Tuesday, August 16, 2011

DAO layer - Generics to the rescue

Generics can be a powerful tool to create reusable code with the power of compile time verification (type safety..).
Unfortunately I feel the main stream developers still afraid of it.
However, in analogy to Hagrid's spiders I would say that Generics are seriously misunderstood creatures... :-)

I hope the following example will demonstrate how useful they can be.

The Problem - DAO (Data Access Objects) classes have common methods such as save, update, delete, loadAll.. which are required in every DAO class.
Writing a base class with these common methods and making every DAO object extend it, is simply not enough since each DAO class represents a different domain class and therefore the type used in the common methods' signature is different (although implementation is similar), for example:
class OrderDAO {
//save method receive an Order
public void save(Order order){....}
//getAll method return Orders List
public List<Order> getAll(){...} 

class UserDAO{
//save method receive an User
public void save(User user){....}
//getAll method return Users List
public List<User> getAll(){...}

How Generics can help us create a base class with a common implementation and yet, keep method signature type-safety?
First, we need to define an interface with the common methods:
 * Base interface for CRUD operations and common queries
public interface IDaoBase<T> {
	public List<T> loadAll();
	public void save(T domain);
	public void update(T domain);
	public void delete(T domain);
	public T get(Serializable id);
	 * Get list by criteria
	 * @param detachedCriteria the domain query criteria, include condition and the orders.
	 * @return
	public List<T> getListByCriteria(DetachedCriteria detachedCriteria);
	public List<T> getListByCriteria(DetachedCriteria detachedCriteria, int offset, int size);	

Please note that we utilize generics so each method signature has a type T, which in the implemented DAO classes, will be a concrete type, per domain.

The second step is to create an abstract class which implements the common functionality:

public abstract class DaoBase<T> extends HibernateDaoSupport implements IDaoBase<T> {
	private Class<T> entityClass;
	public void setSession(SessionFactory sessionFactory){
	public DaoBase() {
		entityClass = (Class<T>) ((ParameterizedType) getClass()

        public List<T> loadAll(){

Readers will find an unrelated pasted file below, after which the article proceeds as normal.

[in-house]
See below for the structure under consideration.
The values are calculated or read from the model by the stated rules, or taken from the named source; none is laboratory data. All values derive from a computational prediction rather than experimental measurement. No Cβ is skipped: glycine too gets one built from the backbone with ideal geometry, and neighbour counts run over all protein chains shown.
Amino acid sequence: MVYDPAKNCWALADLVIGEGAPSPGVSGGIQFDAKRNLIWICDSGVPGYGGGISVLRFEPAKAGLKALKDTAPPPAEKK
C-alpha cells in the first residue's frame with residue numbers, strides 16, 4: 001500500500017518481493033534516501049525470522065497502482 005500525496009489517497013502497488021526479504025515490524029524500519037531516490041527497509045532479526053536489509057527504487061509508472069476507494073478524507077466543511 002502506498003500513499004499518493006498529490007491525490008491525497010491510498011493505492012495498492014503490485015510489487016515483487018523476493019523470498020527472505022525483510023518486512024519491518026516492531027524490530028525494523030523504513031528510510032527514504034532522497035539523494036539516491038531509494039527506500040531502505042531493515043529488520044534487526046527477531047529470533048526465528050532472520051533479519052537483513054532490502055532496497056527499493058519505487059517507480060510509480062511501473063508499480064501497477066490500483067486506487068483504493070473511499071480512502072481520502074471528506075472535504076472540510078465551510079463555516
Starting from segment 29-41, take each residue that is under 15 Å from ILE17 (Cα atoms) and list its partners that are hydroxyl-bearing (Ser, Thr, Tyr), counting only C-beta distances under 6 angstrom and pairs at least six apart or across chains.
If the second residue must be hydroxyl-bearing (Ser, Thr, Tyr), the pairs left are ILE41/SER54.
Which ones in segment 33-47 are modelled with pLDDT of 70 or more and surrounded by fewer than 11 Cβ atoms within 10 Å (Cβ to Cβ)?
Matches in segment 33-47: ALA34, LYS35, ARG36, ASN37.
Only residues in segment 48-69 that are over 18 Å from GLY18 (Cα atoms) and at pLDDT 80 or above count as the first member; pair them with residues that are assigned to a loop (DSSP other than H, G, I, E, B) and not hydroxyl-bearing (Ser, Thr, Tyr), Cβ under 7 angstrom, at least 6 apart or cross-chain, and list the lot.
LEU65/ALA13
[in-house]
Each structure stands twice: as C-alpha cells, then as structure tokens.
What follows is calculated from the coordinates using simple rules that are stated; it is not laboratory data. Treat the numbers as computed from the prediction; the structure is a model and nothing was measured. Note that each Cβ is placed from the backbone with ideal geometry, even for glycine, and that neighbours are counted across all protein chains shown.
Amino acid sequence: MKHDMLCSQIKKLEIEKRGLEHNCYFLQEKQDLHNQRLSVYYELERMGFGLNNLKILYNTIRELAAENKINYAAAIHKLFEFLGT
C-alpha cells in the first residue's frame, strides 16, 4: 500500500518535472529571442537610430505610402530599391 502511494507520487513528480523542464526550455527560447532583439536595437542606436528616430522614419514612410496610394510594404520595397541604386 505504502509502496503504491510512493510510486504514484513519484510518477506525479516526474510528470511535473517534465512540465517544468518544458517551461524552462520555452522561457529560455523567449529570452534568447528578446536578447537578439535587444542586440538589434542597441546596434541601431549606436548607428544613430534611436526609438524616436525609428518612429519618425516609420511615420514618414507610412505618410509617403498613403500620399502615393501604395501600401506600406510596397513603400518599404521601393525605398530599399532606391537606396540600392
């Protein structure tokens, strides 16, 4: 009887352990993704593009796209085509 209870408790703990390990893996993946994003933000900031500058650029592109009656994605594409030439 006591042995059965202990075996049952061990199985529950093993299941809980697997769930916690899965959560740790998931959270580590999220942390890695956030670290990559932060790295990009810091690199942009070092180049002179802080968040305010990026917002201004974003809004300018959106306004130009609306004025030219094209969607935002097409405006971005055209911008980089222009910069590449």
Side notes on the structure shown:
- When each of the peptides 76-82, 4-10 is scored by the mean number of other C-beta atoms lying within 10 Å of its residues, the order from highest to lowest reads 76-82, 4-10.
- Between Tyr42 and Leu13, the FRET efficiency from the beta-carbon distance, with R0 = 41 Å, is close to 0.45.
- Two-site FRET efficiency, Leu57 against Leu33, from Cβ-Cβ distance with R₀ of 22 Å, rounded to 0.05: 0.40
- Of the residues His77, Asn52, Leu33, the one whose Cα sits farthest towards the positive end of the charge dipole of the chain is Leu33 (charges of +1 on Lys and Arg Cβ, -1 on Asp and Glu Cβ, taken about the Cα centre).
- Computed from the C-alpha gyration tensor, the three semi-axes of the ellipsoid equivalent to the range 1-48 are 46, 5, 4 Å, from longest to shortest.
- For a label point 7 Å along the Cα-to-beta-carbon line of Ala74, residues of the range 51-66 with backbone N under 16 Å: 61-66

return getHibernateTemplate().loadAll(entityClass);

	public void delete(T domain) {

	public void save(T domain) {

	public void update(T domain) {
        public T get(Serializable id) {
		T o = (T) getHibernateTemplate().get(entityClass, id);
		return o;

	public List<T> getListByCriteria(DetachedCriteria detachedCriteria,
			int offset, int size) {
		return getHibernateTemplate().findByCriteria(detachedCriteria, offset, size);
	public List<T> getListByCriteria(DetachedCriteria detachedCriteria) {
		return getHibernateTemplate().findByCriteria(detachedCriteria);

And that's it !
Take a minute or two to inspect how the base object implements a generic functionality with a type-safety manner.

All we have to do when implementing a new DAO is:
1. Interface to extend the IDaoBase with a concrete type
public interface DaoUser extends IDaoBase<User> {//<=Notice the User typing
	//Add any additional custom methods..
	public User getbyUsername(String username);
        public User getbyEmail(String email);

2. Implementation to extend the DaoBase with a concrete type

//This class has all the common methods, which are type safe for the User class
public class DaoUserImpl extends DaoBase<User> implements DaoUser { //<=Notice the User typing

	public User getbyUsername(String username) {
// concrete implmentation		...

So now you see how powerful it is to use generics. Hope it is now a bit less scary and more understood...

Please post me if you have further cool tricks utilizing generics for ease development.

Moreover, if you think any of the above can be improved, I'll be happy to hear about it.


  1. Hi Great post. I did something similar some time back which you might be interested in;


  2. Very cool... But, I've seen this done at least a few hundred times across the web, and elsewhere. Have a look at Spring-Data JPA http://www.springsource.org/spring-data/jpa

  3. @A1programmer

    Thanks for the link and comment. I personally don't think that information of certain topic should be on the web only once. If it is really helpful info, than, the more it will be available, the more chance people would cross it over and take advantage of it. In any case, everyone has its own way to organize the content. I hope you find my way clear and simple enough.

  4. It looks like HibernateDaoSupport is part of Spring, is that correct?